Veterans Day: Recollection from a WWI Veteran

I am lucky.

My grandfather, with much urging, memorialized some of his memories in a Kinko’s bound book.  This week, I plan to share some of his thoughts leading up to and during World War I.

The only title Grandpa gave his memoir is, “Researched, compiled and written by Frank N. Zyber”  (No date, but as I remember, Grandpa was somewhere around 95 when he put fingers to keyboard and memorialized these memories.)  I record his memories here, exactly as he did.  Where I think clarification or context helpful, I added a few words in [brackets.]

Starting on Page 56:

I really do not know why Louie [Frank’s brother] and I took sick with something that the doctor said was typhoid fever, which was as he said quite rare.  Louie seemed to get over it much sooner than I.  My fever was a continuous 104 degrees and I could not take food and drank what seemed a gallon of water a day, with very little sleep.  This went on for two weeks or more until that one night.  I did feel thirsty and fell asleep and slept until early the next morning when Dad was feeling my head and told me that my head was cool.  But I felt very wet with sweat and fell asleep and slept till late afternoon and found myself wringing wet and the sweat had an awful smell.  I changed clothing and bedding and again slept till some time the next day.  As I awakened, I smelled something that smelt ever so good, that was Mother cooking sauerkraut.  I struggled hard to get down stairs and could hardly wait till supper was ready.  So I started eating and it seemed that I could not get filled.  I found out later that was the worst thing that I could have done.  I was told that during the illness, my bowels were weakened by the bug that was in them and too much food too soon could be disastrous.  Anyway, I slowly mended but with a large loss of hair.

There was that war still going on in the old country [Poland] and this U.S.A. was told by President Wilson they would not get involved, but as things were getting bad over there and it looked as if England and France were unable to cope with Germany invading, it could be seen that it would not be long before we were getting drawn into it.  Only a few weeks later, was was declared on Germany and our boys were on their way there.  The factories became very busy and soon parts of factory buildings were converted to make war supplies.  The engine for the Liberty fighter plane was made in the Buick Motor plant and many other items throughout the plants.  The factories needed men and they were hard to find.  There was the Oak Park just across the street from the employment office and the office personnel went into the part and when they saw any man lounging around, they were asked if they wanted a job.  No one suffered any hardship and this went on till the summer of 1918 when things were getting bad in Europe.  There was talk and soon the papers said that there would be a widening of the draft age.  Also married men without children would be on the next draft call.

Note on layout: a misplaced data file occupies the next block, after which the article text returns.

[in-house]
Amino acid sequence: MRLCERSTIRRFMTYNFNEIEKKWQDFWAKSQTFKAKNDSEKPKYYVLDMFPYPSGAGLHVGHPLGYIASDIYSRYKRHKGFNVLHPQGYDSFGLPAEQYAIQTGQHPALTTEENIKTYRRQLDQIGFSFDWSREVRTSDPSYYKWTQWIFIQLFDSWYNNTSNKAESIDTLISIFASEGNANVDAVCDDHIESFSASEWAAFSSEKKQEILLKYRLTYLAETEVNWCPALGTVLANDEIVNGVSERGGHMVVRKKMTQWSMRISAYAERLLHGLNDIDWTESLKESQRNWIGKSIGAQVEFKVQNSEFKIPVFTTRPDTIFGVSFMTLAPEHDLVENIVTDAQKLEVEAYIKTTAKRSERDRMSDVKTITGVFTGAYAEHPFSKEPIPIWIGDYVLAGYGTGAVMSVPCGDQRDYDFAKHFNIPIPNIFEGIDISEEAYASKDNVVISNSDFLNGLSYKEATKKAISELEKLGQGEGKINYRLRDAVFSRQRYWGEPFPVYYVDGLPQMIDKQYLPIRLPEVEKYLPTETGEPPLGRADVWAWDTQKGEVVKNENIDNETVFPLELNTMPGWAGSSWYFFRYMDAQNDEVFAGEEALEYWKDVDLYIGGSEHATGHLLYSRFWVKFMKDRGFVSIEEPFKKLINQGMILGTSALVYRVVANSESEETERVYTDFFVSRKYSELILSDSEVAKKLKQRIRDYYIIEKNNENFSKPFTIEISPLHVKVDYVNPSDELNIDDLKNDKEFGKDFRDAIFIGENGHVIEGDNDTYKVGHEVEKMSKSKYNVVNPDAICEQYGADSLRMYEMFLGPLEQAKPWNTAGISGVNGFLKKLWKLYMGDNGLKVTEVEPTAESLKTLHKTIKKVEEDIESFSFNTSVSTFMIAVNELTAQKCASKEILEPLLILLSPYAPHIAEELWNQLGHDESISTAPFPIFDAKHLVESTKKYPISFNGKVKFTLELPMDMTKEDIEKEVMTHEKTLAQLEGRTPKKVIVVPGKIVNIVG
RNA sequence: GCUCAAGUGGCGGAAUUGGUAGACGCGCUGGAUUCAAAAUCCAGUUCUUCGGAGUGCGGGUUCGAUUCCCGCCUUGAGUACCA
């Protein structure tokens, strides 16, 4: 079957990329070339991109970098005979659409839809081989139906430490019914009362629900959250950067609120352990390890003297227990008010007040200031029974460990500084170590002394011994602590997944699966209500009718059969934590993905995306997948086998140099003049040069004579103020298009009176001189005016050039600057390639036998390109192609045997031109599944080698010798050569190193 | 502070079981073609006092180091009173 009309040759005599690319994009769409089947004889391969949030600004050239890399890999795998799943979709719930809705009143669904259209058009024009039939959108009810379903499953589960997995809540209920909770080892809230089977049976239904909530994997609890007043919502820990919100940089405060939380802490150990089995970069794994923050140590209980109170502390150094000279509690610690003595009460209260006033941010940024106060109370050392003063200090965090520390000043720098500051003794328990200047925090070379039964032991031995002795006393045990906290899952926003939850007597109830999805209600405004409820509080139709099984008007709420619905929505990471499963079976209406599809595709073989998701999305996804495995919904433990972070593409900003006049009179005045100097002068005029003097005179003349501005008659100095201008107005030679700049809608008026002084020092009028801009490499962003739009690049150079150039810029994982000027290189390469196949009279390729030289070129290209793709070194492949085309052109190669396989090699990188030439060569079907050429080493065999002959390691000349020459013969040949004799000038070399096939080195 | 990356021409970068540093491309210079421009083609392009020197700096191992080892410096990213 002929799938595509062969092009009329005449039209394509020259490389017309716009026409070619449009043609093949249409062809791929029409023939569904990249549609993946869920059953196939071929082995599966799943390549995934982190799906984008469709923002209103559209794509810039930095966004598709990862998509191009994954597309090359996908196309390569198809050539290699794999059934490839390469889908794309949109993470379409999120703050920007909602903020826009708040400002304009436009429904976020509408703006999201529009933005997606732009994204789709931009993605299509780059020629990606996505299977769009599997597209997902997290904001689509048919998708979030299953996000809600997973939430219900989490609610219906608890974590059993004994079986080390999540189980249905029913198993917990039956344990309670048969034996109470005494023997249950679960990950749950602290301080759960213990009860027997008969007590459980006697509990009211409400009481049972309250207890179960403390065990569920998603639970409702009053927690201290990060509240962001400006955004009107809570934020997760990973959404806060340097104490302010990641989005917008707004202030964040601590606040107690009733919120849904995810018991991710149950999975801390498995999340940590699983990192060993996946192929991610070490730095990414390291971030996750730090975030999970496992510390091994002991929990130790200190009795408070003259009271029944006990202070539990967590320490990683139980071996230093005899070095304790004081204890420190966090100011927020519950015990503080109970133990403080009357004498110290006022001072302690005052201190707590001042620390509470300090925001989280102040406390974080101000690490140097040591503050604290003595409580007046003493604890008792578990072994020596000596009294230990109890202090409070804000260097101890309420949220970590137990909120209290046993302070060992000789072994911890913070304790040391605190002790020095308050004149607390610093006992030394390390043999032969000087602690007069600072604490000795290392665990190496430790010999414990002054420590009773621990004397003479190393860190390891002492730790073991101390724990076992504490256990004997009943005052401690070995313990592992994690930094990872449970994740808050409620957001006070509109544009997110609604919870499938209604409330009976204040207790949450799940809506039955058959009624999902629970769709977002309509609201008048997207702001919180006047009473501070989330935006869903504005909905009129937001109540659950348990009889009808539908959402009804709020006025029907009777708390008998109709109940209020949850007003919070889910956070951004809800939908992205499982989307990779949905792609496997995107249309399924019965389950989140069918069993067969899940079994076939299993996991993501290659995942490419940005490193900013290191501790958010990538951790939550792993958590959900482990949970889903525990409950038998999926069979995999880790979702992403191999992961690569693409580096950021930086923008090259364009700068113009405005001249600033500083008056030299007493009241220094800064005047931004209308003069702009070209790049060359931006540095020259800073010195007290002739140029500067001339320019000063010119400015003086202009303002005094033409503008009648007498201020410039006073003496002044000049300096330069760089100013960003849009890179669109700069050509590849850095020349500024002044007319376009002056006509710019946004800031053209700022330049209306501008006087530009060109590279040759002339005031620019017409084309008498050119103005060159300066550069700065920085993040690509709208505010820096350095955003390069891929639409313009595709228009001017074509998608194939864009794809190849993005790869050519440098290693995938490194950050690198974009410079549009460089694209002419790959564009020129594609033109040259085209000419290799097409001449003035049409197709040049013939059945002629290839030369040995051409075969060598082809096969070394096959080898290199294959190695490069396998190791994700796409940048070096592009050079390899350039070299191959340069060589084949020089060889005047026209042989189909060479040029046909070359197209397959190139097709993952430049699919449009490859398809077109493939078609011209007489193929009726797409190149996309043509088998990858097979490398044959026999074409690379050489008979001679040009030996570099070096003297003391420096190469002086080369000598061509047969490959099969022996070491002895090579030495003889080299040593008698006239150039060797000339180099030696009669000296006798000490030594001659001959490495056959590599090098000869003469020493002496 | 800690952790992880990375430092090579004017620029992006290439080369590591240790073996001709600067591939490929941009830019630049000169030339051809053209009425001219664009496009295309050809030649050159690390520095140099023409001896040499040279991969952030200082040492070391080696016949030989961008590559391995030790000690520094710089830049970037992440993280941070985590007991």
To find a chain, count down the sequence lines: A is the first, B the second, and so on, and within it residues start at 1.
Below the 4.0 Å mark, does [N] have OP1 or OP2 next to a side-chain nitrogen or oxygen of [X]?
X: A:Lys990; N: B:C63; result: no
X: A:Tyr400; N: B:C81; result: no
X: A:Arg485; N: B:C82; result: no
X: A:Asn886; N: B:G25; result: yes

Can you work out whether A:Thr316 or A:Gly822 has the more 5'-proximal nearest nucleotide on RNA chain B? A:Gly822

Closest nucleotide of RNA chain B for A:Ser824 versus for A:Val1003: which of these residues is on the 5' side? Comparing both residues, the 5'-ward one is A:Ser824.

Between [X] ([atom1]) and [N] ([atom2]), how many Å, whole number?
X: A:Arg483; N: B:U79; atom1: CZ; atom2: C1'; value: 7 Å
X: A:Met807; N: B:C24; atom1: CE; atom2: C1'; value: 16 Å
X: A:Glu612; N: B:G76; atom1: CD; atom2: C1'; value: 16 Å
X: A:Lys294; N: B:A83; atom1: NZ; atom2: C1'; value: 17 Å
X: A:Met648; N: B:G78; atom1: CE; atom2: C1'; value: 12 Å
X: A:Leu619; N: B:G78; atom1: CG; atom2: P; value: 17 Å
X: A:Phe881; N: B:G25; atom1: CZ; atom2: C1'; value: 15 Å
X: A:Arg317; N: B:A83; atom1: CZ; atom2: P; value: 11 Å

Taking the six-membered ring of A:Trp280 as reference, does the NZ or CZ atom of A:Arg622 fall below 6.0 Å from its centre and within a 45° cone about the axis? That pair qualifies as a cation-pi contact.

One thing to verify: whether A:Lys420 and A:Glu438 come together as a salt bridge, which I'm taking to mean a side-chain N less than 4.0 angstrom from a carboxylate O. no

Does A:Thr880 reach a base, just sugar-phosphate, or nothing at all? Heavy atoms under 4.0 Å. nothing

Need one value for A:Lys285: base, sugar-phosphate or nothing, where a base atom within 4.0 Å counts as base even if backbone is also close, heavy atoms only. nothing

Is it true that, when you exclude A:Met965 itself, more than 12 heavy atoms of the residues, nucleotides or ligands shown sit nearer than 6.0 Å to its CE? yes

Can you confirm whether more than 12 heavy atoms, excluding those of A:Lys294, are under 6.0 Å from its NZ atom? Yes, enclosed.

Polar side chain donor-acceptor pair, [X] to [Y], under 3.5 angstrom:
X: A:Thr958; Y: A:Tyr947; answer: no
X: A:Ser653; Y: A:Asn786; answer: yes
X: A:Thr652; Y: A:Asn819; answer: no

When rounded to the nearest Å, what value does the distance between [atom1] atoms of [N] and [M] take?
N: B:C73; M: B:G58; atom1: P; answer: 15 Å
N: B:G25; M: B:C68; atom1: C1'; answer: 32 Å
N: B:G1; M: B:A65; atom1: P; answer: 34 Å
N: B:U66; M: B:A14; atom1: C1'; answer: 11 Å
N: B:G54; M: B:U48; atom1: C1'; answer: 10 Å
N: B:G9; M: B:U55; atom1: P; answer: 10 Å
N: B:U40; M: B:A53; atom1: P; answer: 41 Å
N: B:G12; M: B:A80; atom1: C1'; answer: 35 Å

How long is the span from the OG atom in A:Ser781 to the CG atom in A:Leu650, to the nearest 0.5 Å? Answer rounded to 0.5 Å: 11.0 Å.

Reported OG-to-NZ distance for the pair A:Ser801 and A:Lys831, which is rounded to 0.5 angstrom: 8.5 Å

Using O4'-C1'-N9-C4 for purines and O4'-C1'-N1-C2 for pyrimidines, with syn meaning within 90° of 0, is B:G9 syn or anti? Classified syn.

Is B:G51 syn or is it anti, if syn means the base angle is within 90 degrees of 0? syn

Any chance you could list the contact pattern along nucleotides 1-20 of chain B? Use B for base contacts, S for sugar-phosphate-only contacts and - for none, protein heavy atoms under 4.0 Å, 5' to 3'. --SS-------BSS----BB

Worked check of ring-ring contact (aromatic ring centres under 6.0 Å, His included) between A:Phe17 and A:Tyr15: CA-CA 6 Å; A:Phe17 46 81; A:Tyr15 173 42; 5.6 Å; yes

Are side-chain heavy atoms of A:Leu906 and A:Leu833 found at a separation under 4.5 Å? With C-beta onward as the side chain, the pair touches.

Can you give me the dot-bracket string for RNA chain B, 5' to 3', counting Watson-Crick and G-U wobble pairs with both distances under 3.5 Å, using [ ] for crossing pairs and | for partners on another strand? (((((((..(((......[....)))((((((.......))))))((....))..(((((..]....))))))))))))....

World War I, Camp Meade, MD, 1917-1918

All this got me to thinking and maybe it wouldn’t be long and I would be called.  Sure enough, before long that those between ages 18 and 40 were to register.  Then one day as I was reading the paper, I saw a little item that said that Sgt Mills from Camp Meade was in the city and was trying to find band members that would like to enlist in a military band.  He was organizing the “First Field Artillery Band” and needed musicians.  He said that he already had a group of players but needed many more especially in certain sections.  He also said that the regiment was already fully trained for overseas and were on notice that they could be called on a twelve hour notice.  His regiment was stationed at Camp Meade Maryland, which was about half way between Washington D.C. and Baltimore.  I told Dad and Mother about this and tried to make them understand that I would soon be drafted and that would be the infantry, and that was a lot more dangerous, but if I enlisted in the band we would be entertaining the soldiers and we would go to the front only as stretcher bearers whenever the need arose.  And too, we would have better food and quarters.  It didn’t take much talking to get their approval so the next day I went to see Sgt. W. Mills and right ten and there I was signed up and I was told to go to get my physical and I would be told when I was to leave for camp.

It was at this time that a nationwide flu epidemic was raging and it was something that had the symptoms of a severe lung congestion, but much deadlier and was called “The Spanish Influenza.”  It spread very rapidly and became the worst plague that this country ever had.  It was said later that this epidemic killed more people than the war.

….More to come.

Enhanced by Zemanta